Never ever trust a script you find on a forum on the internet. If you don't understand it, don't use it and if you do understand it, test it before using it for real. In any case, always use your brain when dealing with your data. The brain of anonymous people on the internet is not a substitute for your own, never.

neonsignal 01-21-2010 06:57 AM

Unholy one liner.

Code:

find . -type f -regex '.*/[^.]*' -exec sh -c \
'mv "{}" "{}"$(grep $(file -i -b "{}" | grep -o "^[^ ]*") /usr/share/mime/globs | tail -1 | grep -o "[^*]*$")' \;

For each file in the directory or subdirectories that doesn't have a period in the name (find . -type f -regex '.*/[^.]*'), this performs a move command (-exec sh -c 'mv "{}" "{}"ext' \;).

The script for the extension works by grabbing the mime type (file -i -b), stripping any trailing stuff after the space, and looking up the last entry in the globs database to find the extension.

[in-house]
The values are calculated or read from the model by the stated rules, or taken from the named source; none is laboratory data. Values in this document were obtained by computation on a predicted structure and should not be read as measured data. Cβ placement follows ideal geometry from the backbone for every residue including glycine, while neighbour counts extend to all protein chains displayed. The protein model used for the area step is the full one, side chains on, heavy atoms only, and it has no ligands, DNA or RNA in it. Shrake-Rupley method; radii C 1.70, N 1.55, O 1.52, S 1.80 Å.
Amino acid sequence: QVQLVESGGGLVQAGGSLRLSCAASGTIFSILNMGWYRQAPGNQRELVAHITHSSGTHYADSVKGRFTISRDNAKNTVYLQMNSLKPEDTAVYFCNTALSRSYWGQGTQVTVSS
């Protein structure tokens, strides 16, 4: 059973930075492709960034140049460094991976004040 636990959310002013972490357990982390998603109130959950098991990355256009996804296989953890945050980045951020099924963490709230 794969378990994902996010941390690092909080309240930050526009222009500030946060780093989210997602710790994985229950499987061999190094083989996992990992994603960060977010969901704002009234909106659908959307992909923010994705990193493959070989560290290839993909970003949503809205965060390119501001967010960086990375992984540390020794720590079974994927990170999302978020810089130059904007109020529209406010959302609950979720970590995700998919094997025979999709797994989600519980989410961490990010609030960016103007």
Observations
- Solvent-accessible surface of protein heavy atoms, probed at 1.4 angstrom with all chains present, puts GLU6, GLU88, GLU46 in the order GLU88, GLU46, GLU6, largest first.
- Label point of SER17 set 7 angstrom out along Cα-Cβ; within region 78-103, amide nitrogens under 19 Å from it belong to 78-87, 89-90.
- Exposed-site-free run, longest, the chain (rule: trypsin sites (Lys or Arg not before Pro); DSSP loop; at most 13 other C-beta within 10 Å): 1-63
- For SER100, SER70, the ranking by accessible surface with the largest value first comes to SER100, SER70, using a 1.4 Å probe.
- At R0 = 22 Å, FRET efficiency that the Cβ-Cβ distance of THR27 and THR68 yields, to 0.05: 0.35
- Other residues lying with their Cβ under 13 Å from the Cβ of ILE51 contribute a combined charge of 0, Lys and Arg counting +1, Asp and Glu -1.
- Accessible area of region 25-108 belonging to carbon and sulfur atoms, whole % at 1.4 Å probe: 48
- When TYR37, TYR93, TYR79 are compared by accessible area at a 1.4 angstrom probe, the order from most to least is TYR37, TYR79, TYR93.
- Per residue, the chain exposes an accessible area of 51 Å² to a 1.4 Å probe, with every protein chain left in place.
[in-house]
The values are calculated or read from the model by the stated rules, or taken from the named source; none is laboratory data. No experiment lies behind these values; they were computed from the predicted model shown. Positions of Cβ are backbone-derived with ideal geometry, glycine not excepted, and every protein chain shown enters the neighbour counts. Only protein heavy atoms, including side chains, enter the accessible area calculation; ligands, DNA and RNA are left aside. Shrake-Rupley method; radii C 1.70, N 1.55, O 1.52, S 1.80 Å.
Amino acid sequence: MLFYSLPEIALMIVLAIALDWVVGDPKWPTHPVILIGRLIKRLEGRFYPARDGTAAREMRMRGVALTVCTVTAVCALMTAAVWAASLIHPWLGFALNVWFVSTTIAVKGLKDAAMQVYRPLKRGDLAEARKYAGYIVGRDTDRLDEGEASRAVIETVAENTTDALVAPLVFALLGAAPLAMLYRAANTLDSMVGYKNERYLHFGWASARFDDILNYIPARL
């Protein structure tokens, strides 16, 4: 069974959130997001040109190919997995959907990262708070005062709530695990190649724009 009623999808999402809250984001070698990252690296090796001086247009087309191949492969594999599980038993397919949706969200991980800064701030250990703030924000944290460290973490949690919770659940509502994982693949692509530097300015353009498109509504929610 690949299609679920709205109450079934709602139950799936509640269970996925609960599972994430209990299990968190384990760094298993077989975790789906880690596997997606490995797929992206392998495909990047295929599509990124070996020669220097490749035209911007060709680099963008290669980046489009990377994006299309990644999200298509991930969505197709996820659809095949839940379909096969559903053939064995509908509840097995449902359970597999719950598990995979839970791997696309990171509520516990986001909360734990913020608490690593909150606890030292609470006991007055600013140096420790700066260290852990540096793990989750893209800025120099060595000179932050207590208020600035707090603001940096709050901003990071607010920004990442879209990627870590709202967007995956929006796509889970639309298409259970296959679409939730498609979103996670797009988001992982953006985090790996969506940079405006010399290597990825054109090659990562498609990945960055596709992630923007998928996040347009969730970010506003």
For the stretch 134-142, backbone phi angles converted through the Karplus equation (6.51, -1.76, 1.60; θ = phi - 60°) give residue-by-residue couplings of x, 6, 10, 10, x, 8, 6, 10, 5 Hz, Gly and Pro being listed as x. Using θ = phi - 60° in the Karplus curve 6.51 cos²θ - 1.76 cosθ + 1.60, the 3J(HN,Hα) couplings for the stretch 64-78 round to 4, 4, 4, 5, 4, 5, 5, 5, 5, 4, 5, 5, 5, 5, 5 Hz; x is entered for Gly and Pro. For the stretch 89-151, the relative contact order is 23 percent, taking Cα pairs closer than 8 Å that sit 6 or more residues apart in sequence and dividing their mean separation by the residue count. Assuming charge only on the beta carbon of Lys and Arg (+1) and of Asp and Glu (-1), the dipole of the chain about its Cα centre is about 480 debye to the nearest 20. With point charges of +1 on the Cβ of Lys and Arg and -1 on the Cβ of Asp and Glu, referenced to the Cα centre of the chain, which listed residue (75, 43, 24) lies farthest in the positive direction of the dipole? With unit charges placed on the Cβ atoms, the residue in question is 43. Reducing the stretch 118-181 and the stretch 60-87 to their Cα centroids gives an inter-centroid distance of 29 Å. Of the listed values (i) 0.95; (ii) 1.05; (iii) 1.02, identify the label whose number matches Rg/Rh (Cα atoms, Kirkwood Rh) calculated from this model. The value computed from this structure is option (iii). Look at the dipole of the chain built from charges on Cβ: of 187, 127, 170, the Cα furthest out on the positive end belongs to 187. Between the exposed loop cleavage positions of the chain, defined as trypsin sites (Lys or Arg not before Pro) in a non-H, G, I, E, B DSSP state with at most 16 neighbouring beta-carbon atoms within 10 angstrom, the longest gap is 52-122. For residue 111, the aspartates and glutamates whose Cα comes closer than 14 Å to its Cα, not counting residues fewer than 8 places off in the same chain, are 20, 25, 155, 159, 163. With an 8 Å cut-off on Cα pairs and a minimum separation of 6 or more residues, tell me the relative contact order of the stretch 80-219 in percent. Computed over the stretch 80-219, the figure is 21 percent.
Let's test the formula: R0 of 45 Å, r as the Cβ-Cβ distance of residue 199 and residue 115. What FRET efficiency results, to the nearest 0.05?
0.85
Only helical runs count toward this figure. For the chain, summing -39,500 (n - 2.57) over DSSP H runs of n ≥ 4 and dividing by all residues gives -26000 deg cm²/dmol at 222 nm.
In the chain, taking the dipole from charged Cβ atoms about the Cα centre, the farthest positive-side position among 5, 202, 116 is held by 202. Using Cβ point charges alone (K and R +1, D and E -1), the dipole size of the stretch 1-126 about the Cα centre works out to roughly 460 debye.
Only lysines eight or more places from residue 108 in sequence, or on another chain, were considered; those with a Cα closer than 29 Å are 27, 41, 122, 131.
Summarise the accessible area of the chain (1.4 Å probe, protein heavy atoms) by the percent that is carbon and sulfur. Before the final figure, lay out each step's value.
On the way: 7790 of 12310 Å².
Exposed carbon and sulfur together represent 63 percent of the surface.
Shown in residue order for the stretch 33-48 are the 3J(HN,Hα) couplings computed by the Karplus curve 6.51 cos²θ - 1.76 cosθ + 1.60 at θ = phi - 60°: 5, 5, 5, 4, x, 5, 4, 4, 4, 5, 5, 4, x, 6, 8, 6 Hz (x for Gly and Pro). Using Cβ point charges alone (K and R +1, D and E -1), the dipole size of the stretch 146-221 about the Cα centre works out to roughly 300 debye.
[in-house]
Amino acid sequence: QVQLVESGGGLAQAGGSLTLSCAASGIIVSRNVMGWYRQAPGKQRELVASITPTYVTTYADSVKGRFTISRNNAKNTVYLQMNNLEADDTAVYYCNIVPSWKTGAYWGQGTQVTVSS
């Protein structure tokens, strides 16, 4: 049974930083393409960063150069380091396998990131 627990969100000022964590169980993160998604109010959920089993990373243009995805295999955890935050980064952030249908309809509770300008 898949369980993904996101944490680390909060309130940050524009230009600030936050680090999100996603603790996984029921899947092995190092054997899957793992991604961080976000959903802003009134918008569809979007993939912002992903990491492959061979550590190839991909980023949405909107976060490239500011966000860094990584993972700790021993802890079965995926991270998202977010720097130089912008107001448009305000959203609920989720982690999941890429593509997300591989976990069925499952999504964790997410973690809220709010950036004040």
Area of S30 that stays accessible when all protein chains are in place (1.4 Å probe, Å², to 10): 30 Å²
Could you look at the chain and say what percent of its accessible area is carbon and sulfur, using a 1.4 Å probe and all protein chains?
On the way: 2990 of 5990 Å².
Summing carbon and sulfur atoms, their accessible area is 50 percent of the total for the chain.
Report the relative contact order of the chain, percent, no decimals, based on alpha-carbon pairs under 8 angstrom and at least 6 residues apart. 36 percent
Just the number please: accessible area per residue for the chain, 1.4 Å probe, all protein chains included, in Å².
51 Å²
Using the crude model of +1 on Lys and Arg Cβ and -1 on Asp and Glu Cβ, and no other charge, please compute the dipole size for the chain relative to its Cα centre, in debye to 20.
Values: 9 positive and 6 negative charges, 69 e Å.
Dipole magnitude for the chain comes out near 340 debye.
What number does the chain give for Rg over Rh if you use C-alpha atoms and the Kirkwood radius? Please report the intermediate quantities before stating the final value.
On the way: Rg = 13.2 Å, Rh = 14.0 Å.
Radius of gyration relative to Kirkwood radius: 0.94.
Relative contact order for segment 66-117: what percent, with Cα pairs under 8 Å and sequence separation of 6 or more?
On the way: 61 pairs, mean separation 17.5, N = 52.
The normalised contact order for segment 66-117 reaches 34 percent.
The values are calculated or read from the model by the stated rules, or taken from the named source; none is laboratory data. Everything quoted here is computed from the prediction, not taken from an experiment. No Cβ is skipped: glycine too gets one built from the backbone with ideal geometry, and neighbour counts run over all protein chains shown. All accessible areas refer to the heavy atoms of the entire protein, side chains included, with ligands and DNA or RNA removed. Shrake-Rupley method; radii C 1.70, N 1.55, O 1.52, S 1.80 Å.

Yes I know, it would all go better with Sed/Awk/Perl.

jschiwal 01-21-2010 08:33 AM

neonsignal:

Code:

mv ./photo_2a ./photo_2a
mv ./okatx ./okatx
mv ./Toto - Africa ./Toto - Africa
mv ./okvfi ./okvfi
mv ./hpr0426 ./hpr0426
mv ./111-1116_IMG ./111-1116_IMG
mv ./photo_7a ./photo_7a
...

I did look at the mime type output, but saw a lot of overlap. 451 out of 867 entries.
Perhaps using -i and separate awk or sed commands would work OK.

Code:

video/mpeg:*.m2t
video/mpeg:*.mp2
video/mpeg:*.mpe
video/mpeg:*.mpeg
video/mpeg:*.mpg
video/mpeg:*.vob


jschiwal 01-21-2010 09:48 AM

1 Attachment(s)
neonsignal inspired me to generate sed commands from the glob file.

Run it like:
find . -not -name "*.*" -printf "%f\n" | tr '\n' '\0' | xargs -0 file -i | sed -f addext.sed >add_extensions.sh

Comment out extentions you don't want (in addext.sed) such as "jpe" and "jpeg" if you want "jpg" instead.
Reading the generated shell script will cue you in on what you may want to comment out. Look for that extension. What you want to comment is probably right above it.

SilversleevesX 01-23-2010 02:23 AM

some code from early on the 21st worked, almost.
 
Thanks to you all for putting in the effort to get some kind of script puzzled out to help me with this.